DUQUESNE: Yes. And I found that being a girl all the time wasn’t me, either. I was in Atlanta at a conference for trans women. I remember that morning I hadn’t done any exercise. I’d been gaining weight so I put on some shorts and some sneakers and starting walking down Atlanta. My stride got a little bit longer, my stance got a little bit wider. My body just felt so good not to be walking in high heels in these tiny little steps keeping your hips in one position or the other. I just relaxed. I just had a real guy moment. I said, “Holy shit.”
I don’t know how to explain it. It’s not about the things you do. I can go watch football and scream at a television with all the girls. It’s not that it’s guy things, but there is this internal feeling of “I just need to be this way.” It works both ways. I can go to the ballet in guy clothes. One of the nicest things I found in therapy was sometimes there’s not an answer that any clinician can give you. There’s no insight that you can find in a support group or a therapy group. The one thing you can learn to do is just accept it, and not care what others think. I’ve accepted who I am. What other people think is none of my business. That’s a quote, I stole that line from RuPaul. But it’s so true.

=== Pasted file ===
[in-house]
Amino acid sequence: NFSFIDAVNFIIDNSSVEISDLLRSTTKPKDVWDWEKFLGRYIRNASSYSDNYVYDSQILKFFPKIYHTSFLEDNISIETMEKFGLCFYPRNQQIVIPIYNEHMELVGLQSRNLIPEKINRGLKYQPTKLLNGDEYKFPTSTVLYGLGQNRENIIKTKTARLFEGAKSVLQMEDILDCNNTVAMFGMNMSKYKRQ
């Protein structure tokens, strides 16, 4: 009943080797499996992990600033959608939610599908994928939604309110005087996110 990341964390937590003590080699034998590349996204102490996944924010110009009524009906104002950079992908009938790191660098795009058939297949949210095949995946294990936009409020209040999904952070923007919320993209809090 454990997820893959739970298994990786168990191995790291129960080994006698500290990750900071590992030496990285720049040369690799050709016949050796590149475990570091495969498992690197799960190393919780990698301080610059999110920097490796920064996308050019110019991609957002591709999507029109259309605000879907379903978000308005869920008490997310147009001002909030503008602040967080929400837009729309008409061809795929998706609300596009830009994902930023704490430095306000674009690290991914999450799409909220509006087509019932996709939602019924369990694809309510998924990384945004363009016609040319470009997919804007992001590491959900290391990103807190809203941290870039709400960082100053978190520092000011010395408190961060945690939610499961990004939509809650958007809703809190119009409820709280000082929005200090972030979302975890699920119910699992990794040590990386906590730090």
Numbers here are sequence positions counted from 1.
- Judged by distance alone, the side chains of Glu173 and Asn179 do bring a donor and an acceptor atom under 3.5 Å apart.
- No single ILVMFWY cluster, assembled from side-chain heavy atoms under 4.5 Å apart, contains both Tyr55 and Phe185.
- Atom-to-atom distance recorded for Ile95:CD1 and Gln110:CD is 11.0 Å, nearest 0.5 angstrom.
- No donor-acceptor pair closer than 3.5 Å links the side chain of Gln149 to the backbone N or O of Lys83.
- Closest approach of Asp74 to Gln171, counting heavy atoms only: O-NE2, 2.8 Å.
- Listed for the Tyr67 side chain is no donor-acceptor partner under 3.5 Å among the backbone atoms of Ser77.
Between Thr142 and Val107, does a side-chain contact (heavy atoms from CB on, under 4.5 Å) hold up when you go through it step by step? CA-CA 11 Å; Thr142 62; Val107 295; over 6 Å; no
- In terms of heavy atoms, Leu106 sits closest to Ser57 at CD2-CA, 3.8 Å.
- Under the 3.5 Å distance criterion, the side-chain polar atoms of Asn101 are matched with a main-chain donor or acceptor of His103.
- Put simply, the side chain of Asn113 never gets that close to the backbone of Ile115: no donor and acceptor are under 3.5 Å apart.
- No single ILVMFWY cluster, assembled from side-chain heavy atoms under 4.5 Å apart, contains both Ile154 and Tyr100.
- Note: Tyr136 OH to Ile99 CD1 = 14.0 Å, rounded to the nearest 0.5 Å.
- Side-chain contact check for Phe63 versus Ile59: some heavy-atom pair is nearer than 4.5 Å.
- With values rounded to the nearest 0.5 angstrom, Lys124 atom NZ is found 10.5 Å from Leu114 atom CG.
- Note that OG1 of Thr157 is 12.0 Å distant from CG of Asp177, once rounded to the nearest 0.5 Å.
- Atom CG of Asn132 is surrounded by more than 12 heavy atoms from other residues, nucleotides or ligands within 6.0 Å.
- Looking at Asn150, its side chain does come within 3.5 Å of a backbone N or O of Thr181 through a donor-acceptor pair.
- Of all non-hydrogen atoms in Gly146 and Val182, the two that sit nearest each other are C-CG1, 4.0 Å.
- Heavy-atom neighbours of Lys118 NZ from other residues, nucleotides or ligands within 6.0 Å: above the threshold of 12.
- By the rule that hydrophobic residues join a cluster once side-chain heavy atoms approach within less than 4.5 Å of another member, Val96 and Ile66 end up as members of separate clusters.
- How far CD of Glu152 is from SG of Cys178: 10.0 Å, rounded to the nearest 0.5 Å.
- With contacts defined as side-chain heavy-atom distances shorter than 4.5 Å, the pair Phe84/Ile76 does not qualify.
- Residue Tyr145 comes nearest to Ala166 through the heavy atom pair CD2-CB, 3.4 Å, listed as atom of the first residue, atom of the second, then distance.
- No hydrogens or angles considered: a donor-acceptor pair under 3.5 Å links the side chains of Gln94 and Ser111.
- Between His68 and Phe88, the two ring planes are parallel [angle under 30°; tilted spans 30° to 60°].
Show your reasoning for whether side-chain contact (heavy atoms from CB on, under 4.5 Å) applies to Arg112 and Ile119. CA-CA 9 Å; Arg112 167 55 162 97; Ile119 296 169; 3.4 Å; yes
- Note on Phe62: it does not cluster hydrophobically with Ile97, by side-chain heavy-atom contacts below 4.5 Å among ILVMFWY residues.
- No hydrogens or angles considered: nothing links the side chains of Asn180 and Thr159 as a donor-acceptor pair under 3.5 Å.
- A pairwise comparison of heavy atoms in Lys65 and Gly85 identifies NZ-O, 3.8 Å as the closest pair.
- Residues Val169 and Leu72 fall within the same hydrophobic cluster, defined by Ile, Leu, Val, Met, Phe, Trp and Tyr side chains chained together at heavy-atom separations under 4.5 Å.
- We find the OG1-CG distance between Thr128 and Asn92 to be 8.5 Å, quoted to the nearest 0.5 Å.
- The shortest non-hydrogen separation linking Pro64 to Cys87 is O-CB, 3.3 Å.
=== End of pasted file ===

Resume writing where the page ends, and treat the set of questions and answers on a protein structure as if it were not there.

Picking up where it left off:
MW: What about your second wife? How was she with your situation?
DUQUESNE: Wife number two was tolerant. But I wouldn’t say understanding. [She got pregnant] and the next 13 years are all about raising kids and nothing to do with me or my gender identity. You don’t have time between going to work and getting the kids ready.
MW: So B’Ellana went dormant while you were raising your sons.
DUQUESNE: I wouldn’t say totally dormant. One of the things I found was my job required a lot of travel. When I packed a bag for a business trip, I always packed a bag for her. Sometimes I never opened the suitcase, but I was always prepared.
MW: Is there a particularly memorable instance where B’Ellana emerged while on a business trip?